In 1991, Singer was due to speak along with R. M. Hare and Georg Meggle at the 15th International Wittgenstein Symposium in Kirchberg am Wechsel, Austria. Singer has stated that threats were made to Adolf Hübner, then the president of the Austrian Ludwig Wittgenstein Society, that the conference would be disrupted if Singer and Meggle were given a platform. Hübner proposed to the board of the society that Singer's invitation (as well as the invitations of a number of other speakers) be withdrawn. The Society decided to cancel the symposium.
In an article originally published in The New York Review of Books, Singer argued that the protests dramatically increased the amount of coverage he received: "instead of a few hundred people hearing views at lectures in Marburg and Dortmund, several millions read about them or listened to them on television". Despite this, Singer argues that it has led to a difficult intellectual climate, with professors in Germany unable to teach courses on applied ethics and campaigns demanding the resignation of professors who invited Singer to speak.
Singer was criticised by Nathan J. Robinson, founder of Current Affairs, for comments in an op-ed defending Anna Stubblefield, a carer and professor who was convicted of aggravated sexual assault against a man with severe physical and intellectual disabilities. The op-ed questioned whether the victim was capable of giving or withholding consent, and stated that "It seems reasonable to assume that the experience was pleasurable to him; for even if he is cognitively impaired, he was capable of struggling to resist." Robinson called the statements "outrageous" and "morally repulsive", and said that they implied that it might be okay to rape or sexually assault disabled people.
Roger Scruton was critical of the consequentialist, utilitarian approach of Peter Singer. Scruton alleged that Singer's works, including Animal Liberation (1975), "contain little or no philosophical argument. They derive their radical moral conclusions from a vacuous utilitarianism that counts the pain and pleasure of all living things as equally significant and that ignores just about everything that has been said in our philosophical tradition about the real distinction between persons and animals."
Anthropologists have criticised Singer's foundational essay "Animal Liberation" (1973) for comparing the interests of "slum children" with the interests of the rats that bite them – at a time when poor and predominantly Black American children were indeed regularly attacked and bitten by rats, sometimes fatally.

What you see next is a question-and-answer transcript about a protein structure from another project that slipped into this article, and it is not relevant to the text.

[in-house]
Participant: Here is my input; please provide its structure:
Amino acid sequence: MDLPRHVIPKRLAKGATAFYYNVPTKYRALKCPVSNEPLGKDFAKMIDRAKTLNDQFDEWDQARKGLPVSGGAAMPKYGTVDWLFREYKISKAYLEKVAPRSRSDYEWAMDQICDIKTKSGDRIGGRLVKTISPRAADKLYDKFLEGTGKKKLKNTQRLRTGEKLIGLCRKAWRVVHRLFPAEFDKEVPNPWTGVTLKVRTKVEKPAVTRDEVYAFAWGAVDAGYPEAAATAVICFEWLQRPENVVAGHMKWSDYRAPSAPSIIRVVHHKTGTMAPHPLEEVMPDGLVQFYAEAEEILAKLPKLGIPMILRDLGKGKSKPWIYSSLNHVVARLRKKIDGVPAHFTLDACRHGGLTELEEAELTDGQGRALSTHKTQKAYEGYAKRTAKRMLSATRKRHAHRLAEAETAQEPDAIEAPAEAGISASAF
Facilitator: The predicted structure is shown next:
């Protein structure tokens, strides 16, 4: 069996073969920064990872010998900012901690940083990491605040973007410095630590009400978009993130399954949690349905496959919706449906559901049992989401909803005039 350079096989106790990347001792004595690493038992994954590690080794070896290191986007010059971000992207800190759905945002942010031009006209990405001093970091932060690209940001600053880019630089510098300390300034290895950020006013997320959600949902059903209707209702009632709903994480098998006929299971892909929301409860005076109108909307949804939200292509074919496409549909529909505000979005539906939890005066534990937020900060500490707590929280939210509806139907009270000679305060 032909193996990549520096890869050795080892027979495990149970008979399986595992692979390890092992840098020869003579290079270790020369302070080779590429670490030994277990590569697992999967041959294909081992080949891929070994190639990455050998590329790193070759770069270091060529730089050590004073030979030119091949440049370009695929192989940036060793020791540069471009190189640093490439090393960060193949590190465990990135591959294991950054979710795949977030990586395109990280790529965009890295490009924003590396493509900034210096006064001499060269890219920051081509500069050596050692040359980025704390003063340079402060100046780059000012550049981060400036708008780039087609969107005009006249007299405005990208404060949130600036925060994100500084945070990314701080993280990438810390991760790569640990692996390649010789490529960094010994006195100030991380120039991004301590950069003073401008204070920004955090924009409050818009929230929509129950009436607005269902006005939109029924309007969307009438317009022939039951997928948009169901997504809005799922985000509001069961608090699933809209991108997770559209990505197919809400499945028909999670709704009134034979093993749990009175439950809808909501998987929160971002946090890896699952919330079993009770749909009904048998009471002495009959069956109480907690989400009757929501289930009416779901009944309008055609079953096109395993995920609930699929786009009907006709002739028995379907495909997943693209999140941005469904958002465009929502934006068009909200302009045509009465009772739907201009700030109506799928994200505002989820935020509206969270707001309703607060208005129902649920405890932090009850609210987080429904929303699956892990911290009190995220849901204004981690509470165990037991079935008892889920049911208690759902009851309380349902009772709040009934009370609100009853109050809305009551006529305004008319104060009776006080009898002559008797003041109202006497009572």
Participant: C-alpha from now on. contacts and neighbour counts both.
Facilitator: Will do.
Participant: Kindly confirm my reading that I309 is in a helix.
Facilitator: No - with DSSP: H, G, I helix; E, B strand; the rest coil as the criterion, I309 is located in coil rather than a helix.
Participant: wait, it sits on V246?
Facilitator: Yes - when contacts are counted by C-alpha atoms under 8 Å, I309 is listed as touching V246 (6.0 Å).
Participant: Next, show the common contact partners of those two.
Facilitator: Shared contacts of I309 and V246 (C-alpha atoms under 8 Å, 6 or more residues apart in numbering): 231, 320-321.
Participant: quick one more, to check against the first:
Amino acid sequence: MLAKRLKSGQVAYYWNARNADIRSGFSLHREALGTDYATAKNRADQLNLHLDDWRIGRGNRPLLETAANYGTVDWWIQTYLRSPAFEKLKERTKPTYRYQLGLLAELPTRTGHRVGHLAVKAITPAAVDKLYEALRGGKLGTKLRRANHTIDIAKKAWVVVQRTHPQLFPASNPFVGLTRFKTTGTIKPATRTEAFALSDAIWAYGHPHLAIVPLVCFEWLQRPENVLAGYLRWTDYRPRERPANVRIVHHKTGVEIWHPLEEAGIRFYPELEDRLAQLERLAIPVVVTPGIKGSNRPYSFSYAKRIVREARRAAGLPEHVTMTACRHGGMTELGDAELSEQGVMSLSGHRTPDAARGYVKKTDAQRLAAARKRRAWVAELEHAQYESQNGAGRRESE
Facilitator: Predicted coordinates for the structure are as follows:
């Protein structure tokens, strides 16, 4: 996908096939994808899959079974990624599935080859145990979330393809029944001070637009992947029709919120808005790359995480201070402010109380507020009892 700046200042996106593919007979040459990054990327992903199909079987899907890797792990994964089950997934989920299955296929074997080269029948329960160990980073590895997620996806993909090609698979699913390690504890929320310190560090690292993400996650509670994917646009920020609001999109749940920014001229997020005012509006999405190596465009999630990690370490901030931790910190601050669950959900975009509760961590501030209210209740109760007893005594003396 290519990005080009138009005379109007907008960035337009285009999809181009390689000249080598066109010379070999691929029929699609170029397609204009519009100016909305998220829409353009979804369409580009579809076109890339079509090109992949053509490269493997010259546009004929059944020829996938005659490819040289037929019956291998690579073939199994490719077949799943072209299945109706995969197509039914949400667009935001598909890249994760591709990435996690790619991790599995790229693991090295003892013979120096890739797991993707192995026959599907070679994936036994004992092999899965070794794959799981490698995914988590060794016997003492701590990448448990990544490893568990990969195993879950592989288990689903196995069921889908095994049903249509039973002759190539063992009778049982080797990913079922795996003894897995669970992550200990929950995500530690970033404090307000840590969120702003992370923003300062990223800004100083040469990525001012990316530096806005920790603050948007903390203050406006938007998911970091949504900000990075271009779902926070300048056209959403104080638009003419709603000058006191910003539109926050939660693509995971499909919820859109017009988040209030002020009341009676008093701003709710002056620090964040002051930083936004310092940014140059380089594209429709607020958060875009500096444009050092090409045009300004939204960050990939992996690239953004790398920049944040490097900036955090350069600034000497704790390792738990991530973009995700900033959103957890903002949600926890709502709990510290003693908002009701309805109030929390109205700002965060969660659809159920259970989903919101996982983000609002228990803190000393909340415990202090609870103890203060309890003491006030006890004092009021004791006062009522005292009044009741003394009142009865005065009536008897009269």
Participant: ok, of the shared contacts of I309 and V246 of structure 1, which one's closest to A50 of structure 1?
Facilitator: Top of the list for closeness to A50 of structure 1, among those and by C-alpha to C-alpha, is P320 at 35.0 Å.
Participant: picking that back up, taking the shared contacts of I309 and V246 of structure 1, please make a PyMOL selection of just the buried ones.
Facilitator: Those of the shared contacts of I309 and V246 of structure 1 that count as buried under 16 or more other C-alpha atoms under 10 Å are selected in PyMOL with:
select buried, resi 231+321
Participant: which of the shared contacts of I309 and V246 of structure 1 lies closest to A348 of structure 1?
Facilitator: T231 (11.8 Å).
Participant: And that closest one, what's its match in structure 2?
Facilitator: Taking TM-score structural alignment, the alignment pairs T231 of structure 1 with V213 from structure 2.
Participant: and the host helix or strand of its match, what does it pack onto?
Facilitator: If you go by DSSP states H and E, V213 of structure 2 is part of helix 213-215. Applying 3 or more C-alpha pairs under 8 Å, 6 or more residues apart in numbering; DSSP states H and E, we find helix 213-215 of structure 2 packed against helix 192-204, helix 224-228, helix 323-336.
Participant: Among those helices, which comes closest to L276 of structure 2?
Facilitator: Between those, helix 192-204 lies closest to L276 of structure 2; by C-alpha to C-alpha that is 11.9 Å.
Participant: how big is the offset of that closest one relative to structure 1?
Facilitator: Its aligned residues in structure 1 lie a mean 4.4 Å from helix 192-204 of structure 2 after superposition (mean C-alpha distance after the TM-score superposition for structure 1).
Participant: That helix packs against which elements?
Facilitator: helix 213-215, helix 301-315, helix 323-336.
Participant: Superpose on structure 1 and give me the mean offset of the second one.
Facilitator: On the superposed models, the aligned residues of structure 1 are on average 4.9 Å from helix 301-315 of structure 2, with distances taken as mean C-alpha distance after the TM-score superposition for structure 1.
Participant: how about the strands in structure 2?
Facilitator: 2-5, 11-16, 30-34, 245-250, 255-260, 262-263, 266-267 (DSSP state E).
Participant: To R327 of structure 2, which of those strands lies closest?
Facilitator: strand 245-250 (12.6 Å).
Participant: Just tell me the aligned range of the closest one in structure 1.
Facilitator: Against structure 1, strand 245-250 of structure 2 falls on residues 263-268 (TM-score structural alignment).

Singer was inducted into the United States Animal Rights Hall of Fame in 2000.
In June 2012, Singer was appointed a Companion of the Order of Australia (AC) for "eminent service to philosophy and bioethics as a leader of public debate and communicator of ideas in the areas of global poverty, animal welfare and the human condition."
Singer received Philosophy Now's 2016 Award for Contributions in the Fight Against Stupidity for his efforts "to disturb the comfortable complacency with which many of us habitually ignore the desperate needs of others ... particularly for this work as it relates to the Effective Altruism movement."
In 2018, Singer was noted in the book, Rescuing Ladybugs by author and animal advocate Jennifer Skiff as a "hero among heroes in the world," who, in arguing against speciesism "gave the modern world permission to believe what we innately know – that animals are sentient and that we have a moral obligation not to exploit or mistreat them.": 132 The book states that Singer's "moral philosophy on animal equality was sparked when he asked a fellow student at Oxford University a simple question about his eating habits.": 133
In 2021, Singer was awarded the US$1-million Berggruen Prize, and decided to give it away. He decided, in particular, to give half of the prize money to his foundation The Life You Can Save, because "over the last three years, each dollar spent by it generated an average of $17 in donations for its recommended nonprofits". (He added he has never taken money for personal use from the organization.) Moreover, he plans to donate more than a third of the money to organizations combating intensive animal farming, and recommended as effective by Animal Charity Evaluators.
[T]he aim of my argument is to elevate the status of animals rather than to lower the status of any humans